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Cubs fans to Jed Hoyer: When will team pull win-now ‘levers?’

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Fans to Hoyer: when will the Cubs pull the winning leverage? originally appeared on NBC Sports Chicago

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Jed Hoyer walked away from his media tour on Monday and headed straight for the fans, sitting with Boog Sciambi and season ticket holders for a Q&A outside of Wrigley Field.

Hoyer’s messages were largely the same as his recent media stops when he did individual sit-down interviews. with beat reporters and 670 The Score and ESPN 1000.

Among the topics covered on Monday’s Q&A program that aired on the Marquee Network, there were no specific answers to the team’s competitive schedule, who will be here or not at the next big tournament. cubs teams or what they’re going to do next offseason.

Hoyer discussed the “levers” that the Cubs pulled during their last competitive cycle – pure winning moves, such as the free agent’s lengthy prospect-swapping commitments.

“When you look at the moves we’ve made [past] We used a few levers in the off-season that we felt could help us win now and help us in the future,” Hoyer said.

“But we haven’t pulled some of the levers that we think could get in the way of what we see as a great future and the Cubs’ next great team.”

A fan later asked when the Cubs would be able to pull those levers again in competition.

“For me, it’s just trying to make one right decision after another,” Hoyer said. “You build it brick by brick.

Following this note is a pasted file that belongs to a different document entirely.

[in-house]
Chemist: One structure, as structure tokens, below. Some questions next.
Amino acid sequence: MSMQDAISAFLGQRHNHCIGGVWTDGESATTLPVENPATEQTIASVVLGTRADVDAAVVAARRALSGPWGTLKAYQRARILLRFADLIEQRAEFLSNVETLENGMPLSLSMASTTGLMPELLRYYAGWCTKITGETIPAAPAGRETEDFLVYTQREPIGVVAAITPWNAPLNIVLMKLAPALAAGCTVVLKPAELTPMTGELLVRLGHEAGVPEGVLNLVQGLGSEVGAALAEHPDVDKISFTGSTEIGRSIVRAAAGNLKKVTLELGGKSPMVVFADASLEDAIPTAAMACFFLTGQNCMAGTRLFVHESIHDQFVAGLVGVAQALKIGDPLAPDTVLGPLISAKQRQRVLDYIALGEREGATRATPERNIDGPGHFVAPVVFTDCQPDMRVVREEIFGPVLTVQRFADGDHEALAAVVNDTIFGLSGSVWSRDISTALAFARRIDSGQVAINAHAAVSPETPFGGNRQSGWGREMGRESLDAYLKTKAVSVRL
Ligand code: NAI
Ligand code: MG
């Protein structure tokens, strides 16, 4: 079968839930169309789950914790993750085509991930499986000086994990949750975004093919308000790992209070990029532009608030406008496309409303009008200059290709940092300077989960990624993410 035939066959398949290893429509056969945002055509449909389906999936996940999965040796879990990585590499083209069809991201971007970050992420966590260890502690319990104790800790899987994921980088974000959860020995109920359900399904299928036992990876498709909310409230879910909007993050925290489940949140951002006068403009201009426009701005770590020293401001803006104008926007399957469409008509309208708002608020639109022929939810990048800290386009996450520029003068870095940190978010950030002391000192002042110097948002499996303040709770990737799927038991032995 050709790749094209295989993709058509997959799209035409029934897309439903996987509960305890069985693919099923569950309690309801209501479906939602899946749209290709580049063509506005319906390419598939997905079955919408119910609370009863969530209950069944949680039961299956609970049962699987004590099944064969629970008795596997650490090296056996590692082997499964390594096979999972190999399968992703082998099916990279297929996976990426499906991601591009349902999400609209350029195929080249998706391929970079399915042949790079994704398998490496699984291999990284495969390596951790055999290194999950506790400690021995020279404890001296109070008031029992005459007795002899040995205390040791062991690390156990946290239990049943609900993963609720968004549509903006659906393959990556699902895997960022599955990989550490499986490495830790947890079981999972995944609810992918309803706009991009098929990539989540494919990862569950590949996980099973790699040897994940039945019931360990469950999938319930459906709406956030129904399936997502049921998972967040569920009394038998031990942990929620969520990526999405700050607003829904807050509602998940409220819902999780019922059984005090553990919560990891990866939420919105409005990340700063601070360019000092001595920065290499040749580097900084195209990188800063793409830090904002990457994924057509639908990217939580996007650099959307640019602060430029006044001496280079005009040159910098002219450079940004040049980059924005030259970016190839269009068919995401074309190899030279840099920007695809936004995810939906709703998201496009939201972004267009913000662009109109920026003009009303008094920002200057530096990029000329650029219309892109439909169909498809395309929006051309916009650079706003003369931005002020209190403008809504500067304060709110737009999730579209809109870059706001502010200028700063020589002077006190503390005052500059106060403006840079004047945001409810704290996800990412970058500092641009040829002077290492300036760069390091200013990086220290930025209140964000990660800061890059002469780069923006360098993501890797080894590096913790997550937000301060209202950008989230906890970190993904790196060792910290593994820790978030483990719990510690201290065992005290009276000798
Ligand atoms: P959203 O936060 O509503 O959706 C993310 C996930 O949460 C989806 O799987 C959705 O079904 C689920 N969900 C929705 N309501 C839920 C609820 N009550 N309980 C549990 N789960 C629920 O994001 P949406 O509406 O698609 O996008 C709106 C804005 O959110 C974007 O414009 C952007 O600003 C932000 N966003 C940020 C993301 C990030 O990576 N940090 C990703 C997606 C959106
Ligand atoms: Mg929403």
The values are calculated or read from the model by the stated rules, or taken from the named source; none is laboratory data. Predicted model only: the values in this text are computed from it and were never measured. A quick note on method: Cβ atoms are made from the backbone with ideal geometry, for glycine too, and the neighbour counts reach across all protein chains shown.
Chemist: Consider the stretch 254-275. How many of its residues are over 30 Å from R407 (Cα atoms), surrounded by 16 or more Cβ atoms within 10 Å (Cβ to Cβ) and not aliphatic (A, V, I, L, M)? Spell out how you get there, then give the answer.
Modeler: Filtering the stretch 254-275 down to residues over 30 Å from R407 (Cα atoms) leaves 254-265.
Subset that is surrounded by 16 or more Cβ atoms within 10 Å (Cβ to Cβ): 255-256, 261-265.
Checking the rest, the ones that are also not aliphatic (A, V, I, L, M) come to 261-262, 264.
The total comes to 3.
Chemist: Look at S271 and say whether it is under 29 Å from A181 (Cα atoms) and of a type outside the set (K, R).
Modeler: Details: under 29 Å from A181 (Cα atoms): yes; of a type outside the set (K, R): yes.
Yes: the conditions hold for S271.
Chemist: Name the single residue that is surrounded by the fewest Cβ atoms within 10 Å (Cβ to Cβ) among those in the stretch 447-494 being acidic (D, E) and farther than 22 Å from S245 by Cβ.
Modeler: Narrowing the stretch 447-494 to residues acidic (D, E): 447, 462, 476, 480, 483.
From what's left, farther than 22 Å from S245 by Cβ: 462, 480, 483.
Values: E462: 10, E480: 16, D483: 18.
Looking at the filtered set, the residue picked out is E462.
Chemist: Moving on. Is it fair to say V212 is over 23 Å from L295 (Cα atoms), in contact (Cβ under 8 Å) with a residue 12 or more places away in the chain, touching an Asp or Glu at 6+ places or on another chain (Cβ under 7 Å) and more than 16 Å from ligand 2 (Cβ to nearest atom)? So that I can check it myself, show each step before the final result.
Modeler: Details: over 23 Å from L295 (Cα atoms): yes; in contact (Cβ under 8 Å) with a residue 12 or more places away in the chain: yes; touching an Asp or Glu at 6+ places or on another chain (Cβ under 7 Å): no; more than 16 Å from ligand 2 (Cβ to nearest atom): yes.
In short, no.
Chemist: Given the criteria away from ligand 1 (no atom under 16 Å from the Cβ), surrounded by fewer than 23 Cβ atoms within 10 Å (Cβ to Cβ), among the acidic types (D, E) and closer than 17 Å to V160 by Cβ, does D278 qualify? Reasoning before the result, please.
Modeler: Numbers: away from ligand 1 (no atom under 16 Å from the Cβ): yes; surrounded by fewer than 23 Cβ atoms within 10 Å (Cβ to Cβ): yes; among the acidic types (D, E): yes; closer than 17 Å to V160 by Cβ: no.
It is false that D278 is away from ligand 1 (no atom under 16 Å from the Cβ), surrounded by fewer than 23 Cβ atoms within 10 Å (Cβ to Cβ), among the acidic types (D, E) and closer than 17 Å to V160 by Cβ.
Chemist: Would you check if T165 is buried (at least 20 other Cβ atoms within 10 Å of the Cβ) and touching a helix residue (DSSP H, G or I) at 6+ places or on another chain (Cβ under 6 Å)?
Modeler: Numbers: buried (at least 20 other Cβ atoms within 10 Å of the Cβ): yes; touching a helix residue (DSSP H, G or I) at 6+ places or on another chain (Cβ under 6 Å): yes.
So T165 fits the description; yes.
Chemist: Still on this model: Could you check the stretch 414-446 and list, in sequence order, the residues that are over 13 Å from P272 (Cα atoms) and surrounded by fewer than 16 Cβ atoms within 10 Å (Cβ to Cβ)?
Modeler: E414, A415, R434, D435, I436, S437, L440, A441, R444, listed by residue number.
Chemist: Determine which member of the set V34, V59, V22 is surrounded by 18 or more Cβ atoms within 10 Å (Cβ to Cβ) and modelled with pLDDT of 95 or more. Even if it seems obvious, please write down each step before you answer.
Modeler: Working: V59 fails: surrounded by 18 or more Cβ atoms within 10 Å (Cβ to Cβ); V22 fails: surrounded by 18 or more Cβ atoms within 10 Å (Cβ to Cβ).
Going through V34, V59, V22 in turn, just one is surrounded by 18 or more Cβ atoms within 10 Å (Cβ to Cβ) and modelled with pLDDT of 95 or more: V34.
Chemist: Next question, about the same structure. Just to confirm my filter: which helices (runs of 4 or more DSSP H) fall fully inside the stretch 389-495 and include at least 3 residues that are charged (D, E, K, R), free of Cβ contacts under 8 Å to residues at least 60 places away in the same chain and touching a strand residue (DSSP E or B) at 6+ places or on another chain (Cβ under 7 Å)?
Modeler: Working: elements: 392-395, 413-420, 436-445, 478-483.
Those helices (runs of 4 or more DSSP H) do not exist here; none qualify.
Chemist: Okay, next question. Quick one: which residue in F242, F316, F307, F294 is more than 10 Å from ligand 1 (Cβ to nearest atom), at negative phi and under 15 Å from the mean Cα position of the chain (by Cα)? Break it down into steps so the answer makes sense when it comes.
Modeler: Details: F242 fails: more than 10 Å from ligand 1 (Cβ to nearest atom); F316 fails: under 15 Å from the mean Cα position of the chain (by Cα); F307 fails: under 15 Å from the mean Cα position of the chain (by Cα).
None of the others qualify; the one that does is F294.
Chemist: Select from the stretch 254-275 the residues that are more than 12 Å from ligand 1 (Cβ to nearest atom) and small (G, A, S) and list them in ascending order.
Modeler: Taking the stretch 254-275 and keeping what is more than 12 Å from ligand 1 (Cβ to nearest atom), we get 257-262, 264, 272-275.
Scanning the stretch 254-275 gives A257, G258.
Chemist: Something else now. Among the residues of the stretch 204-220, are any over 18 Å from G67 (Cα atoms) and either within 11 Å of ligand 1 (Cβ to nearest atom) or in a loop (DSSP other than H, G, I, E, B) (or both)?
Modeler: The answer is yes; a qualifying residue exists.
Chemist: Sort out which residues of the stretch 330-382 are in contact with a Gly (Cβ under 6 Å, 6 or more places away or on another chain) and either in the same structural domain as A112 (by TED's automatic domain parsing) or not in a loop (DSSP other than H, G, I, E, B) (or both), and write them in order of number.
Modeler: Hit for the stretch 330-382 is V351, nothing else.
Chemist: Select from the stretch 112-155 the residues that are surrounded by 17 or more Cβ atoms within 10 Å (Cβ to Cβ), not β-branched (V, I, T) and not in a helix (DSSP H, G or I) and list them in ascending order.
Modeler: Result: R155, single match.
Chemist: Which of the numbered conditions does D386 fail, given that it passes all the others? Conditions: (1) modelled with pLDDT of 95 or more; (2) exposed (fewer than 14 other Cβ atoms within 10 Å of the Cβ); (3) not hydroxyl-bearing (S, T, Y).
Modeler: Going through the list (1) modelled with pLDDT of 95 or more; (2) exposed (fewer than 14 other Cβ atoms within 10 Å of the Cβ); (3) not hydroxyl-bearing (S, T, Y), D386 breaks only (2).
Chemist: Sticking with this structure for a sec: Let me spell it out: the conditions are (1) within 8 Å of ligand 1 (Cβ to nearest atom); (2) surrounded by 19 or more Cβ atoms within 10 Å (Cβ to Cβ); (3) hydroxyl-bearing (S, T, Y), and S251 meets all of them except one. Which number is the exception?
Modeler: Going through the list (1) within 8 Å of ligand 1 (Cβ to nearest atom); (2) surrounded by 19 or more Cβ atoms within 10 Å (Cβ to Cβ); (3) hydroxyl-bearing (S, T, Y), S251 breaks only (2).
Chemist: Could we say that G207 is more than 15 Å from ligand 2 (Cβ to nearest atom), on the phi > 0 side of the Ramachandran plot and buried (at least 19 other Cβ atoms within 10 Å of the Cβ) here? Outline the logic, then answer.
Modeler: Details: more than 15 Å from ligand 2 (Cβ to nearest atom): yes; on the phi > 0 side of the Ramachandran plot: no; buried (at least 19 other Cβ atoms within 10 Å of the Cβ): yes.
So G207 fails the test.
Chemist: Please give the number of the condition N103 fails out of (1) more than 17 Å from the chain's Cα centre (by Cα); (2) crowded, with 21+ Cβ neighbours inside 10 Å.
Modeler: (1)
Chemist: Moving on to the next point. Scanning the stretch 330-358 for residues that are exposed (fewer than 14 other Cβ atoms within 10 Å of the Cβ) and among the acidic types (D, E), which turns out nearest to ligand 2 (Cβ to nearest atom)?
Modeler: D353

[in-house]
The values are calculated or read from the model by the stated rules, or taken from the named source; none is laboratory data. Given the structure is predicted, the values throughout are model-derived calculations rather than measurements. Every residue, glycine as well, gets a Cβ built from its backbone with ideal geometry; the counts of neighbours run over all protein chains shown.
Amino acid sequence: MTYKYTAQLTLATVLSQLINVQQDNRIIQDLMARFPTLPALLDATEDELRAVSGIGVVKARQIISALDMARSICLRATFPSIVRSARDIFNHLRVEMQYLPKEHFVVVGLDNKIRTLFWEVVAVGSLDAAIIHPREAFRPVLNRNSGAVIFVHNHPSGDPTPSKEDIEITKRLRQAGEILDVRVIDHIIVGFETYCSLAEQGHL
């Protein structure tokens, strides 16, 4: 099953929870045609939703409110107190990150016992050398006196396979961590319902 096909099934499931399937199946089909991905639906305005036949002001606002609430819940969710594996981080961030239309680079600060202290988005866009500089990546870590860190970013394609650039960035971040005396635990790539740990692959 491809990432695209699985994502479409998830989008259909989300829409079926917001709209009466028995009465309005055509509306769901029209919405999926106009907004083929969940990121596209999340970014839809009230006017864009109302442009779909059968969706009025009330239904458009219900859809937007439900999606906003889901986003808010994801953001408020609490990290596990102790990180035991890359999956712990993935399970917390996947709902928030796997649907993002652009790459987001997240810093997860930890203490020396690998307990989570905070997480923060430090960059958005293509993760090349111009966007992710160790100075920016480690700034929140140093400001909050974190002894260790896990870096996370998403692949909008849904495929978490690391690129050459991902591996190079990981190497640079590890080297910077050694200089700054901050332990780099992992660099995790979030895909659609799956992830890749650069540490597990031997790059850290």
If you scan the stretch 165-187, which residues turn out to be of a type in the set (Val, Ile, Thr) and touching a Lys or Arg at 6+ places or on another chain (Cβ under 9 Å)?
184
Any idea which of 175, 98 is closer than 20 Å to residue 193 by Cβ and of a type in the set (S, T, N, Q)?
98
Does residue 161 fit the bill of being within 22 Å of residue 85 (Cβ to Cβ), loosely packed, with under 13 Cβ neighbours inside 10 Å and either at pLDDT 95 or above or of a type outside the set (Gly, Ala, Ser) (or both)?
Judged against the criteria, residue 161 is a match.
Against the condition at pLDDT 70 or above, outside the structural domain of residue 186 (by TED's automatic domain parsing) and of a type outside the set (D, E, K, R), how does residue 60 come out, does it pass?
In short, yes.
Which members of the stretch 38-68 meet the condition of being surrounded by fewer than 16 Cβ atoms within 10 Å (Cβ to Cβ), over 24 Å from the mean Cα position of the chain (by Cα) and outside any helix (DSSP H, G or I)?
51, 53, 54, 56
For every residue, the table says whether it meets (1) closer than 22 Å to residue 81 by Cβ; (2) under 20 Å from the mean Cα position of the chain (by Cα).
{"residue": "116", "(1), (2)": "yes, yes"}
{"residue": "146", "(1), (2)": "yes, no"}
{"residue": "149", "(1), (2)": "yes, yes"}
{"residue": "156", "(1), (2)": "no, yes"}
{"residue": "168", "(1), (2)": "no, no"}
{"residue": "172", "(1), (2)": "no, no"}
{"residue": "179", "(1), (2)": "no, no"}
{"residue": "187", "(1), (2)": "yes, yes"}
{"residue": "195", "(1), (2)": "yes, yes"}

“If we make one right decision after another, I believe it will happen quickly. But at the same time, you want to build it right. My goal is to create something really special and apply some of the lessons we learned last time.

“What I don’t want is to shortchange this, look back and build something good. We are the Cubs and we can be better.”

Other takeaways from the Q&A:

• Hoyer again didn’t call the current state of the Cubs a rebuild, instead pointing to what the Cubs are aiming to build on.

“For me, it’s not about labeling,” Hoyer said. “It’s about talking about what we’re trying to achieve. And what we’re trying to achieve is to have a really healthy organizational base of young players so that we can move forward and really be great.”

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• Hoyer remembered the state of the Cubs ten years ago, when he and Theo Epstein took over the headquarters, and the difference in organizational infrastructure now compared to then.

“We didn’t have the technology, people, or processes to be a great organization,” Hoyer said. “Now it’s not like that. We invested in all these things thanks to the Ricketts. We have wonderful people and wonderful processes here. We are always trying to get better.

“But as far as building an entire organization, that’s not what we do. At this stage it is important for us to create a group of young players and then build around them.”

• Hoyer reiterated that he is not concerned about the resources available to the front office.

“I know the money will be there at the right time,” Hoyer said. “If you go back to 2013 and 2014, we didn’t have really high salaries. Since we were winning and we needed to step on the financial gas pedal, we were able to do it.

“I know we can do it again.”

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